You have to ask, why should I suppress them. there are then good reasons. once though it emerged in the public conversation that there is this secret document floating around, full of dark allegations that we will not repeat to you. That I feel like in this era, you have to share your readers what that is. In an appropriate context and our original report, if you read what we wrote, it stressed that there were real solid reasons to distrust this and noted to specific errors.

TODD: You talk about context and you talk about putting responsibility on the readers, but at the same time, don't you have a responsibility of not spreading false information? Are you knowingly spreading false information?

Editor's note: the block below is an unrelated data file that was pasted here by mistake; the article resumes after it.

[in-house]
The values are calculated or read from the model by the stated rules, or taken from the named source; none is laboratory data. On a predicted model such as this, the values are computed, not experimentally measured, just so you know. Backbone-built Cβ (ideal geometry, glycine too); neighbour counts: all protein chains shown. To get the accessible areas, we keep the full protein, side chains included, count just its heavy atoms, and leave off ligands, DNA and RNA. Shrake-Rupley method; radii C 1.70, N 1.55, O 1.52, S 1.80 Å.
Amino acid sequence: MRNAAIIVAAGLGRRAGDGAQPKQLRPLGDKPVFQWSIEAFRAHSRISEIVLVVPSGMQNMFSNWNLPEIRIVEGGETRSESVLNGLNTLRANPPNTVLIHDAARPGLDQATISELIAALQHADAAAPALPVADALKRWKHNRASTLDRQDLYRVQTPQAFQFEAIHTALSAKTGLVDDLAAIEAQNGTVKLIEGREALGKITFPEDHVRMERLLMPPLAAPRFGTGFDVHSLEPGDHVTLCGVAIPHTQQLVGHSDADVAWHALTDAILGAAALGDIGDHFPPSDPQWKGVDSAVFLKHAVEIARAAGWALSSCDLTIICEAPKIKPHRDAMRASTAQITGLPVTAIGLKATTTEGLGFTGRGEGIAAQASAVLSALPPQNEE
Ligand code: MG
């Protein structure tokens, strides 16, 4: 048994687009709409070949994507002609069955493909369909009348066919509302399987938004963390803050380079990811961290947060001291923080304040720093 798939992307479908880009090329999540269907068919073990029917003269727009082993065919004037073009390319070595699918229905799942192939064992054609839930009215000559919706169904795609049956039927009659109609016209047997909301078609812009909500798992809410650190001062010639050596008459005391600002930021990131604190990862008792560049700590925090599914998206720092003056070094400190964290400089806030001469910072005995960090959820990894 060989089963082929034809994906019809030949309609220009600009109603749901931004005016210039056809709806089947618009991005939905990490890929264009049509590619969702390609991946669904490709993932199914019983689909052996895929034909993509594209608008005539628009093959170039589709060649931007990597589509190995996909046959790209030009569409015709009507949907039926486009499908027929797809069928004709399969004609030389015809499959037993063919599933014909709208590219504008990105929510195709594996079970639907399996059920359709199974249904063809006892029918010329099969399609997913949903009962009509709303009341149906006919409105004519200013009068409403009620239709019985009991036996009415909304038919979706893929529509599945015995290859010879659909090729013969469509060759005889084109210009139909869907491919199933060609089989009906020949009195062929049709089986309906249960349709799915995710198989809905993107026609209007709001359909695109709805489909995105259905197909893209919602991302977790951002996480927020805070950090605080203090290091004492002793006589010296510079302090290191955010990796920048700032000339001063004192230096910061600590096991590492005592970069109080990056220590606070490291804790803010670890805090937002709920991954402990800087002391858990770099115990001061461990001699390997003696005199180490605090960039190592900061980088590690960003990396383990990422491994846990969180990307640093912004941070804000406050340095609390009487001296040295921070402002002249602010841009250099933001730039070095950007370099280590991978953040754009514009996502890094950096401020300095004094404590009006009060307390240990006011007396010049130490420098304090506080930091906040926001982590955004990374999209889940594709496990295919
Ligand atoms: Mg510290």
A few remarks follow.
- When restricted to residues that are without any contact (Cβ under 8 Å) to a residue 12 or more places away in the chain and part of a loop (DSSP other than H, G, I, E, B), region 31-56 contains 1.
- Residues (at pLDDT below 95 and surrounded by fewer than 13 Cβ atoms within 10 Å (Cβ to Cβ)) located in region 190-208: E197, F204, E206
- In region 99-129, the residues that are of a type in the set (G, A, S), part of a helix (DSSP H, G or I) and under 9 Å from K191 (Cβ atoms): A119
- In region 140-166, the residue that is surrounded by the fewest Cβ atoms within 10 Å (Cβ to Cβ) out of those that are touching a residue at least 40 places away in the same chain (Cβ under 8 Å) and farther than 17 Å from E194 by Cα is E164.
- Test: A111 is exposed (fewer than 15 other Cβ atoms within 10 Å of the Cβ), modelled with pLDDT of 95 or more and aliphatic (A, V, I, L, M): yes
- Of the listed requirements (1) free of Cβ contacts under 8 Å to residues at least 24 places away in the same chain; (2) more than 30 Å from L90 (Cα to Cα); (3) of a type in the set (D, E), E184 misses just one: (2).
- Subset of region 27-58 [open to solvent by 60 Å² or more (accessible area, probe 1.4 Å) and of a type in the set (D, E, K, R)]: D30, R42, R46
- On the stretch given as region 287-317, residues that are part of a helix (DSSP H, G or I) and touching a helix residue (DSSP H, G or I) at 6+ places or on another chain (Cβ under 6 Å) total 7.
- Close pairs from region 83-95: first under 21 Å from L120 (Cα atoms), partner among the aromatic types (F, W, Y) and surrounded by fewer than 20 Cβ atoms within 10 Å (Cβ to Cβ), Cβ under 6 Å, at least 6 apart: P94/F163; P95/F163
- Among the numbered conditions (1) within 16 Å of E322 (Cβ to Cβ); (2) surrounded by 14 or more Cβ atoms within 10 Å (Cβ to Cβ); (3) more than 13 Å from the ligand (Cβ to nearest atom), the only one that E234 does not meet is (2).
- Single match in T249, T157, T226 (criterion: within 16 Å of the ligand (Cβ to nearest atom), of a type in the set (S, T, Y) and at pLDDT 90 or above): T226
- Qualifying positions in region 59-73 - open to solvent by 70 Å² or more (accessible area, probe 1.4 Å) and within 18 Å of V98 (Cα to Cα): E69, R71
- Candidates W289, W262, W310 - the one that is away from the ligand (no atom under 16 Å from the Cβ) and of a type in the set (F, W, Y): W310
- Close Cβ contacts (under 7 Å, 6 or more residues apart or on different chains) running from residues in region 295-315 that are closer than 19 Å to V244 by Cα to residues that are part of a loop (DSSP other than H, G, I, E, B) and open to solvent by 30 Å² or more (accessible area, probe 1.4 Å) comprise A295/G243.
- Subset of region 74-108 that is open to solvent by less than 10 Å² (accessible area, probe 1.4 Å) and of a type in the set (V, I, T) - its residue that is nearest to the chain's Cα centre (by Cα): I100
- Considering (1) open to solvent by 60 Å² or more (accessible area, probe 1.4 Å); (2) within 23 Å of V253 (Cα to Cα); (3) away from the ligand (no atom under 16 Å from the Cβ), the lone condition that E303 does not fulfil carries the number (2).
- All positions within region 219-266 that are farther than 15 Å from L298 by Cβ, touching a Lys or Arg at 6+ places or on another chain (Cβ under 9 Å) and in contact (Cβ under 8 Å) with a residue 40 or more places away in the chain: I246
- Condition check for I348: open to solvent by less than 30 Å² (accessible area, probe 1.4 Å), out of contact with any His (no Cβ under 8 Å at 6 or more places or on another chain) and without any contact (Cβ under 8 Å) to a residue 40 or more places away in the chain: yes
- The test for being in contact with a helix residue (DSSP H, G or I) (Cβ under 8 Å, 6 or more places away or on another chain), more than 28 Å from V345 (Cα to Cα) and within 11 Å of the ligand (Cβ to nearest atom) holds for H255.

SMITH: I mean, I think as with the Obama birth certificate thing, this is an incredibly difficult balance that everybody in our business navigates every day --

TODD: But you're not publishing a false --

SMITH: You are quoting people saying...we certainly quoted the President-elect of the United States making false claims about it and years ago we debated whether we should quote regular citizens in Iowa saying i don't believe his birth certificate. and I remember thinking at first, we shouldn't pass that on and then saying, this has become a force are now these factors in the conversation.

TODD: Haven't you just participated?...didn't you just -- and I'm sure -- I know this was not your intent, I've known you a long time, but you just published fake news.

SMITH: We just published a dossier -- I think that's a really --

TODD: Why is that an unfair description?

SMITH: I think people love to throw the term fake news around.

TODD: Trust me, I'm aware to like. diminish anything they don't